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I will be master of what is mine own:
She is my goods, my chattels; she is my house,
My household-stuff, my field, my barn,
My horse, my ox, my ass, my any thing;
And here she stands, touch her whoever dare;
I'll bring mine action on the proudest he
That stops my way in Padua.
A jest's prosperity lies in the ear
Of him that hears it, never in the tongue
Of him that makes it.
So, get you hence in peace; and tell the Dauphin,
His jest will savour but of shallow wit,
When thousands weep, more than did laugh at it.
Oft have I heard of you, my lord Biron,
Before I saw you: and the world's large tongue
Proclaims you for a man replete with mocks;
Full of comparisons, and wounding flouts;
Which you on all estates will execute,
That lie within the mercy of your wit.
But, indeed, my invention
Comes from my pate, as bird-lime does from frize, It plucks out brains and all.
So wither'd, and so wild in their attire ;
That look not like the inhabitants o' the earth,
You owe this strange intelligence? or why
Upon this blasted heath you stop our way
With such prophetic greeting? Speak, I charge you.
How now, you secret, black, and midnight hags?
What is't you do?
I conjure you, by that which you profess,
(Howe'er you come to know it,) answer me :
Though you untie the winds, and let them fight
Against the churches; though the yesty waves
Confound and swallow navigation up;
Though bladed corn be lodg'd, and trees blown down;
Though castles topple on their warders' heads;
Though palaces, and pyramids, do slope
Their heads to their foundations; though the treasure
Of nature's germins tumble all together,
Even till destruction sicken, answer me
To what I ask
If you can look into the seeds of time,
And say which grain will grow, and which will not ;
Speak then to me, who neither beg, nor fear,
Your favours, nor your hate.
When shall we three meet again,
In thunder, lightning, or in rain?
And be the juggling fiends no more believ'd,
That palter with us in a double sense;
That keep the word of promise to our ear,
And break it to our hope.
Infected be the air wherein they ride;
And damn'd all those that trust them!
Have wak'd their sleepers; oped, and let them forth, By my so potent art.
She is abus'd, stol'n from me-and corrupted
By spells and medicines bought of mountebanks :
For nature so preposterously to err,
Being not deficient, blind, or lame of sense,
Sans witchcraft could not.
I never had to do with wicked spirits;
But you, that are polluted with your lusts,
Stain'd with the guiltless blood of innocents,
Corrupt and tainted with a thousand vices,-
Because you want the grace that others have,
You judge it straight a thing impossible
To compass wonders, but by help of devils.
Pour in sow's blood, that hath eaten
Her nine farrow; grease, that's sweaten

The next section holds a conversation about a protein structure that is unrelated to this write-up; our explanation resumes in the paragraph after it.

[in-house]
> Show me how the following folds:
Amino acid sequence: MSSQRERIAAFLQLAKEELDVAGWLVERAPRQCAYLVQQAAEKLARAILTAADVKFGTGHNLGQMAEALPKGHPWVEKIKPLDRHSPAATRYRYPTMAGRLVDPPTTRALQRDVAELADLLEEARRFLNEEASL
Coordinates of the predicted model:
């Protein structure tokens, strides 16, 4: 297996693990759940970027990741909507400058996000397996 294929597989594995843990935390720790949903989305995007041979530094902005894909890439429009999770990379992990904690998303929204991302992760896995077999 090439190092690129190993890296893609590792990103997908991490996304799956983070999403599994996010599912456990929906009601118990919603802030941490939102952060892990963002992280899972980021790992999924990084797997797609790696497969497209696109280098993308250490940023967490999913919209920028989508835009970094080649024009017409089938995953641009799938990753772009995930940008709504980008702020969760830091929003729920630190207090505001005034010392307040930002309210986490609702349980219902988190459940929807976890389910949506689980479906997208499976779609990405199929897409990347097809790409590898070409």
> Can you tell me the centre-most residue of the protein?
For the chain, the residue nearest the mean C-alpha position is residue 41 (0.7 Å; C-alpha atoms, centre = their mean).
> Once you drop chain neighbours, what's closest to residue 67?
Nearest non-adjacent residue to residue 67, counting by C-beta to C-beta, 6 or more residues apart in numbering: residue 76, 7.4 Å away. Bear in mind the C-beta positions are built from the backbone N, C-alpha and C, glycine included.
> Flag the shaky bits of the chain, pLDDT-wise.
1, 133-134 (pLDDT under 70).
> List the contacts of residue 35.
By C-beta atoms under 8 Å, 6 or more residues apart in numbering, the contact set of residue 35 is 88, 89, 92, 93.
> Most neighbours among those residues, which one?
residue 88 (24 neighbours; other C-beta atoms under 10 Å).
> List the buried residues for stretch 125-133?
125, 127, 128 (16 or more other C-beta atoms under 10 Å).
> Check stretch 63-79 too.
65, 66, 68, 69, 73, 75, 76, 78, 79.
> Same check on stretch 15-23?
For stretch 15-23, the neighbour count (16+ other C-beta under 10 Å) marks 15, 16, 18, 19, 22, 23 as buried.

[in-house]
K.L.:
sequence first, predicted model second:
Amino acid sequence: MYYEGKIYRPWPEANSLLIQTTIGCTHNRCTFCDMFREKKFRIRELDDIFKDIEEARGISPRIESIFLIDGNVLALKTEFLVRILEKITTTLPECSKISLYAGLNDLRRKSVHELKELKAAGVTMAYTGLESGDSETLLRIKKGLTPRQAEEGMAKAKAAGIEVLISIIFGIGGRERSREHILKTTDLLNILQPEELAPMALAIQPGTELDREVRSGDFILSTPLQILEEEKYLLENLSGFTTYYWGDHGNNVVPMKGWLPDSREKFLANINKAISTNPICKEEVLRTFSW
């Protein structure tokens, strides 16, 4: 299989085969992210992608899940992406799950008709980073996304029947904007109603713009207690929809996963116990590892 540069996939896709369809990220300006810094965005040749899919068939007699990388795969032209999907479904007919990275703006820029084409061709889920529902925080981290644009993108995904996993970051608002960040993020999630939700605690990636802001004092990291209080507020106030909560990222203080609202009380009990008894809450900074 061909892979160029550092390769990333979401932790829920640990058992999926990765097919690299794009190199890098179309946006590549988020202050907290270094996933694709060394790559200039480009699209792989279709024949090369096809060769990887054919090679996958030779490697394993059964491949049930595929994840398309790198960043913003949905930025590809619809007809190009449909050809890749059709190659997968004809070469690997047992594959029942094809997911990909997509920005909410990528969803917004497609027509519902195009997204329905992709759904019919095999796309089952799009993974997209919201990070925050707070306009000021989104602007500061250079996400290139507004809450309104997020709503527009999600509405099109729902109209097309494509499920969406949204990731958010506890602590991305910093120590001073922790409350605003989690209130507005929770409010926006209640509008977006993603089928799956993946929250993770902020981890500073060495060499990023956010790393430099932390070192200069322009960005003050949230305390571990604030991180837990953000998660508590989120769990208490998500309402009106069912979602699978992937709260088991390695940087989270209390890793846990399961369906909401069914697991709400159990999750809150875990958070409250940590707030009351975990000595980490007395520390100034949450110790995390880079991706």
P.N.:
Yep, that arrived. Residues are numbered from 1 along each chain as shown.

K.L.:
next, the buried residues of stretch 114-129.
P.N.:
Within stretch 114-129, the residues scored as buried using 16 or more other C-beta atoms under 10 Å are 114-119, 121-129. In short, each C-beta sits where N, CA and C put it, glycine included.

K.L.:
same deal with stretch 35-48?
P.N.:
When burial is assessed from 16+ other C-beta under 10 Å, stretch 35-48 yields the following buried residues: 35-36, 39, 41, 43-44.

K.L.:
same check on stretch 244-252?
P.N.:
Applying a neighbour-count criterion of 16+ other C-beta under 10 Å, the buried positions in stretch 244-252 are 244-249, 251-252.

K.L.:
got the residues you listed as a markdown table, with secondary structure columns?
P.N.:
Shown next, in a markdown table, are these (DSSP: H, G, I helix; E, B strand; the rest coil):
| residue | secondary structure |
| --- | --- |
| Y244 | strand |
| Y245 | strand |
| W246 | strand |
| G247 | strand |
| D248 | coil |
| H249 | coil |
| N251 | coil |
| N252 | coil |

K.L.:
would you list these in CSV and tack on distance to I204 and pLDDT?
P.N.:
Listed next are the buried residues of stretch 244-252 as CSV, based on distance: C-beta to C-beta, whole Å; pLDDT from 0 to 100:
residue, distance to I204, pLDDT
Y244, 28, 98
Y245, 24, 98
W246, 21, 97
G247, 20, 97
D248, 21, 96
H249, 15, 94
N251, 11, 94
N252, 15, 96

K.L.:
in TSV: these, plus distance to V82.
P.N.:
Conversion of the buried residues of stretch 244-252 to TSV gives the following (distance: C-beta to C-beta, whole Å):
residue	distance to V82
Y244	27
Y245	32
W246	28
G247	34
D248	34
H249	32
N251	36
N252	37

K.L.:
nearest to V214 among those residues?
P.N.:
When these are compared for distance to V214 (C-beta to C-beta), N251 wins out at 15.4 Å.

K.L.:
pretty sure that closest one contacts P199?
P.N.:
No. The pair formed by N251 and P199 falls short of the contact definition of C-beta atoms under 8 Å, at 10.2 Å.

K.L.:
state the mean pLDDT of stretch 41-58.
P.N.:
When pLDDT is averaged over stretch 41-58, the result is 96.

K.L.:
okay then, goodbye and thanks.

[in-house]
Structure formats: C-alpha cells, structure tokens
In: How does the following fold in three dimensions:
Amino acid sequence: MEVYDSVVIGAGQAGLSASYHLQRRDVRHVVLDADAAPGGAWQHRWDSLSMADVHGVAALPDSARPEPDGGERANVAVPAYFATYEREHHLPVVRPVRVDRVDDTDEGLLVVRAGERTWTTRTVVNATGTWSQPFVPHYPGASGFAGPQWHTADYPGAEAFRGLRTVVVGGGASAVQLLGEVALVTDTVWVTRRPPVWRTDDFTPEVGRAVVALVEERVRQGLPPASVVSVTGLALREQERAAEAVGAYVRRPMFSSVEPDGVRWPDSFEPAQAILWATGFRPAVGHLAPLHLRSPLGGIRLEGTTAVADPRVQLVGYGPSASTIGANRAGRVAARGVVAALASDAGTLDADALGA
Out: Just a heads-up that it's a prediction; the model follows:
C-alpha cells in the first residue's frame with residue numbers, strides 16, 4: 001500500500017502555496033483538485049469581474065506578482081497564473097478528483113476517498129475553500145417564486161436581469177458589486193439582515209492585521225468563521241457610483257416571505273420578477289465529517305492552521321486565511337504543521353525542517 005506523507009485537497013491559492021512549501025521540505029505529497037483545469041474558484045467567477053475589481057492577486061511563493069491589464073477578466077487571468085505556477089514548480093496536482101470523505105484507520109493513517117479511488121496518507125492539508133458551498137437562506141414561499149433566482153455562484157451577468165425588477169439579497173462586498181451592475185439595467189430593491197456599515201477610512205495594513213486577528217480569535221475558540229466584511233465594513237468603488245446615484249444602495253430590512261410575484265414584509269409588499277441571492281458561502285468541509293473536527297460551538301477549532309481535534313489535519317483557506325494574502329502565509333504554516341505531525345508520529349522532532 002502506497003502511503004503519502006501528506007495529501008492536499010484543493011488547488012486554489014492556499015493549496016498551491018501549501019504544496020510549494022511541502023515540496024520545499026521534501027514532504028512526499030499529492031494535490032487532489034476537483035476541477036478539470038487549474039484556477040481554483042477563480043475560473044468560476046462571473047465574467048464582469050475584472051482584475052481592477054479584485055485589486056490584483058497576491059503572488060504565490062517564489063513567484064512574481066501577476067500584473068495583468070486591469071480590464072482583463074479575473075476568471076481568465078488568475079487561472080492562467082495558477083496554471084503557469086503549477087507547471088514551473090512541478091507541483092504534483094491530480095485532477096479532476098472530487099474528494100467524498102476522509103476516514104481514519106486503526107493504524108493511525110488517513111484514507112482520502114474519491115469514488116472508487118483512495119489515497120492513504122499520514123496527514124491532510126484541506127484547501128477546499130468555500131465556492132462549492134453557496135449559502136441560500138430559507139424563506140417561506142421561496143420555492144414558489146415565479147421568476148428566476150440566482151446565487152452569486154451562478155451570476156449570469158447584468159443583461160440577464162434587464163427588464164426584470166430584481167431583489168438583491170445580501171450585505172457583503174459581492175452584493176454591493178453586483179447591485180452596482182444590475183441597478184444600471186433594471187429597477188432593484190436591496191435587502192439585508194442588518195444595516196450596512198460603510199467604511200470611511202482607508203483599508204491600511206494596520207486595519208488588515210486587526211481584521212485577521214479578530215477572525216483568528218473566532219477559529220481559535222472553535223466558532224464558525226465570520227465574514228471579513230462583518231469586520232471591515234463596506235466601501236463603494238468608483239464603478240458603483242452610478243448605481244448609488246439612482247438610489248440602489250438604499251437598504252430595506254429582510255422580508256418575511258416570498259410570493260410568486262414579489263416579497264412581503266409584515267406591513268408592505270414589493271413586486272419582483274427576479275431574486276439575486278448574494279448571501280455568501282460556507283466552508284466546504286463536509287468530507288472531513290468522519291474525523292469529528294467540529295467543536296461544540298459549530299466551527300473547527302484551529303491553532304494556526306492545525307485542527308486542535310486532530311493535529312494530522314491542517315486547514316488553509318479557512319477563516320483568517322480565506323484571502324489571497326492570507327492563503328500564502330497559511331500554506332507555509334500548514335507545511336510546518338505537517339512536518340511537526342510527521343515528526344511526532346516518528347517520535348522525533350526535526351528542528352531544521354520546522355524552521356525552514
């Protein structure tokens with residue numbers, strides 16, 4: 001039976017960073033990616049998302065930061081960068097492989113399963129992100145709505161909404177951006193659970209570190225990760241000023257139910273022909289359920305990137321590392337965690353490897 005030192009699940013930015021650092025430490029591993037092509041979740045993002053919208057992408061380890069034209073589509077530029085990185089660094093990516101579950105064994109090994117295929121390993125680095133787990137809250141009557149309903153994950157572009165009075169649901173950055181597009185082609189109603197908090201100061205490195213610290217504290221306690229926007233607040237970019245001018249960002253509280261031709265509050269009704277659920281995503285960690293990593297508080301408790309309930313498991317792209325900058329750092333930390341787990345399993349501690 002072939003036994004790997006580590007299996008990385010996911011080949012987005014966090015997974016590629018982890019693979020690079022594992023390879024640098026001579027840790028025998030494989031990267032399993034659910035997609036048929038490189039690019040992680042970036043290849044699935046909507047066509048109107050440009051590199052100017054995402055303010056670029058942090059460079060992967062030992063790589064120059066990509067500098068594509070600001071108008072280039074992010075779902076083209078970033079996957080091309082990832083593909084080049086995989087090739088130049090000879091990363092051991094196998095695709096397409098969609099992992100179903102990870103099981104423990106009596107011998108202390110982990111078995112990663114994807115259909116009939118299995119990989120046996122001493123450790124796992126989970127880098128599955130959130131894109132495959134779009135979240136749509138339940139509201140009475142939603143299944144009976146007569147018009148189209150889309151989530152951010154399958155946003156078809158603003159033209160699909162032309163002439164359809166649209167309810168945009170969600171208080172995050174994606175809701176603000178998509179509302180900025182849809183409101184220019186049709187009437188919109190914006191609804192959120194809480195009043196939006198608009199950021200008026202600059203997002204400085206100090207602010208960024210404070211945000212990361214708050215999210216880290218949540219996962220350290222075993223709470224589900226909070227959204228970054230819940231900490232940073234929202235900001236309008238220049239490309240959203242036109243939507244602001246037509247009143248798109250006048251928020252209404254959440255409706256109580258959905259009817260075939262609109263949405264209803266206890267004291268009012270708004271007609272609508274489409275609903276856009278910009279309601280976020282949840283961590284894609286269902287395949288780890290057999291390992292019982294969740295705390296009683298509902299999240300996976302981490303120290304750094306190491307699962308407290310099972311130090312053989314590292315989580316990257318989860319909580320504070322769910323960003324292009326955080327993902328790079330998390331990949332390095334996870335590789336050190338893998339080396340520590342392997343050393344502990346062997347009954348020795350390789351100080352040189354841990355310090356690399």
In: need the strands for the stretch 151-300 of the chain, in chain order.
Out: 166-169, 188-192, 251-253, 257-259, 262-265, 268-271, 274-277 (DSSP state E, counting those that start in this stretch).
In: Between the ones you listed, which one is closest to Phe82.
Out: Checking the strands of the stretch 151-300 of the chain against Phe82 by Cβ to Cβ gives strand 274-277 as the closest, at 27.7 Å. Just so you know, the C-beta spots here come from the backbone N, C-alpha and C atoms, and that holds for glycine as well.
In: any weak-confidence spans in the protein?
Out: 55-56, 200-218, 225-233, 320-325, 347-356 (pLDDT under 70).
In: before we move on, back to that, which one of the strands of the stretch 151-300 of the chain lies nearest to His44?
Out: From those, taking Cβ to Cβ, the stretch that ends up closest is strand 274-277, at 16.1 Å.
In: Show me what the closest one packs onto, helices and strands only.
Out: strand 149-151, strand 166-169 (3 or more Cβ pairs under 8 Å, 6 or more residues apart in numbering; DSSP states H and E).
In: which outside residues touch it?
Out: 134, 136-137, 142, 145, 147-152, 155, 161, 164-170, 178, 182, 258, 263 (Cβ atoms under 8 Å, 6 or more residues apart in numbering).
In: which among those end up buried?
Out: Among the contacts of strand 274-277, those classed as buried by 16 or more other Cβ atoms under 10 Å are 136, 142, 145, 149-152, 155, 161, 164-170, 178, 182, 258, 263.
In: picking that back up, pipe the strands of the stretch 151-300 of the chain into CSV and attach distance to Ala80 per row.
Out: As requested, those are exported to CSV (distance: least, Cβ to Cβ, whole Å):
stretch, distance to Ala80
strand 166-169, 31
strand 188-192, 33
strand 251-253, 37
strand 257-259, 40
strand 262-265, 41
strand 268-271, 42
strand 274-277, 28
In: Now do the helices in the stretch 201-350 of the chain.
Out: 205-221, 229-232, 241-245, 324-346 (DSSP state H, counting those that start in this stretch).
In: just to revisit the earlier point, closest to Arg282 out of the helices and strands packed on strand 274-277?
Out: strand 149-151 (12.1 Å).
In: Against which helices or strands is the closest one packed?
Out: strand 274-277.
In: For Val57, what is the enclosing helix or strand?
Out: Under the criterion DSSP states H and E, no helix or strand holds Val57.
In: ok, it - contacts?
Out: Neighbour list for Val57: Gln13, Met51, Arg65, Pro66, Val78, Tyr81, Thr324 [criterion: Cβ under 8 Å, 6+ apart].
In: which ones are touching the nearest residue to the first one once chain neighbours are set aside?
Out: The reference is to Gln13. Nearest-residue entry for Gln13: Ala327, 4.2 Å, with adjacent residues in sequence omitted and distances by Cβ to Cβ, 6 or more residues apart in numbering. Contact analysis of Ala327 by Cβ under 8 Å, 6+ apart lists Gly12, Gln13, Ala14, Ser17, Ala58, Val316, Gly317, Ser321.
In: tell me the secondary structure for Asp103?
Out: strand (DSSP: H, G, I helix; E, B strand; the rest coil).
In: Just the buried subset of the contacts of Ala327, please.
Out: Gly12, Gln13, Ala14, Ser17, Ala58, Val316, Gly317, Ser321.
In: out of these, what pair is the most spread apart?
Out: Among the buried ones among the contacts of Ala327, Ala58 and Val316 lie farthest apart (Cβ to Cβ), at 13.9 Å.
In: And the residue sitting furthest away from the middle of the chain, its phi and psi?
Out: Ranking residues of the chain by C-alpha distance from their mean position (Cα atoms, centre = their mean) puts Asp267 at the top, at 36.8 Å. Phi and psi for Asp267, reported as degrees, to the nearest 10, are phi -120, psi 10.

From the murderer's gibbet, throw
Into the flame.
A woman mov'd is like a fountain troubled,
Muddy, ill-seeming, thick, bereft of beauty;
And, while it is so, none so dry or thirsty
Will deign to sip, or touch one drop of it.
A woman impudent and mannish grown
Is not more loath'd, than an effeminate man
In time of action.
Come on, come on; you are pictures out of doors,
Bells in your parlours, wild cats in your kitchens,
Saints in your injuries, devils being offended,
Players in your housewifery, and housewives in your
'Tis beauty, that doth oft make women proud;
But, God he knows, thy share thereof is small :
'Tis virtue that doth make them most admir'd;
The contrary doth make thee wondered at.
Women are soft, mild, pitiful, and flexible ;
Thou stern, obdurate, flinty, rough, remorseless.
Disdain and scorn ride sparkling in her eyes,
Misprising what they look on; and her wit
Values itself so highly, that to her
All matter else seems weak: she cannot love,
Nor take no shape nor project of affection,
She is so self-endeared.
We cannot fight for love as men may do ;
We should be woo'd, and were not made to woo.
Men give like gods: but when they weep and kneel, All their petitions are as freely theirs
As they themselves would owe them.
In her youth
There is a prone and speechless dialect,
Such as moves men.
I grant, I am a woman; but withal,
A woman that Lord Brutus took to wife :
I grant, I am a woman; but withal,
A woman well-reputed; Cato's daughter.
Think you, I am no stronger than my sex,
Being so father'd, and so husbanded?
You, that have so fair parts of woman on you,
Have too a woman's heart; which ever yet
Affected eminence, wealth, sovereignty.
I have no other but a woman's reason;
I think him so, because I think him so.
Maids, in modesty, say No, to that
Which they would have the profferer construe Aye.
Why are our bodies soft, and weak, and smooth,
Unapt to toil and trouble in the world;
But that our soft conditions, and our hearts,
Should well agree with our external parts.
They spake not a word;
But, like dumb statues, or breathless stones,
Star'd on each other, and look'd deadly pale.
All the world's a stage,
And all the men and women merely players:
They have their exits, and their entrances;
And one man in his time plays many parts.
I hold the world but as the world, Gratiano;
A stage, where every man must play a part,
And mine a sad one.
You have too much respect upon the world:
They lose it, that do buy it with much care.
I am in this earthly world; where, to do harm,
Is often laudable: to do good, sometimes,
Accounted dangerous folly.
O, world, thy slippery turns! Friends now fast sworn,
Whose double bosoms seem to wear one heart,
Whose hours, whose bed, whose meal, and exercise,
Are still together, who twin, as 'twere, in love
Unseparable, shall within this hour,
On a dissension of a doit, break out
To bitterest enmity: So, fellest foes,
Whose passions and whose plots have broke their sleep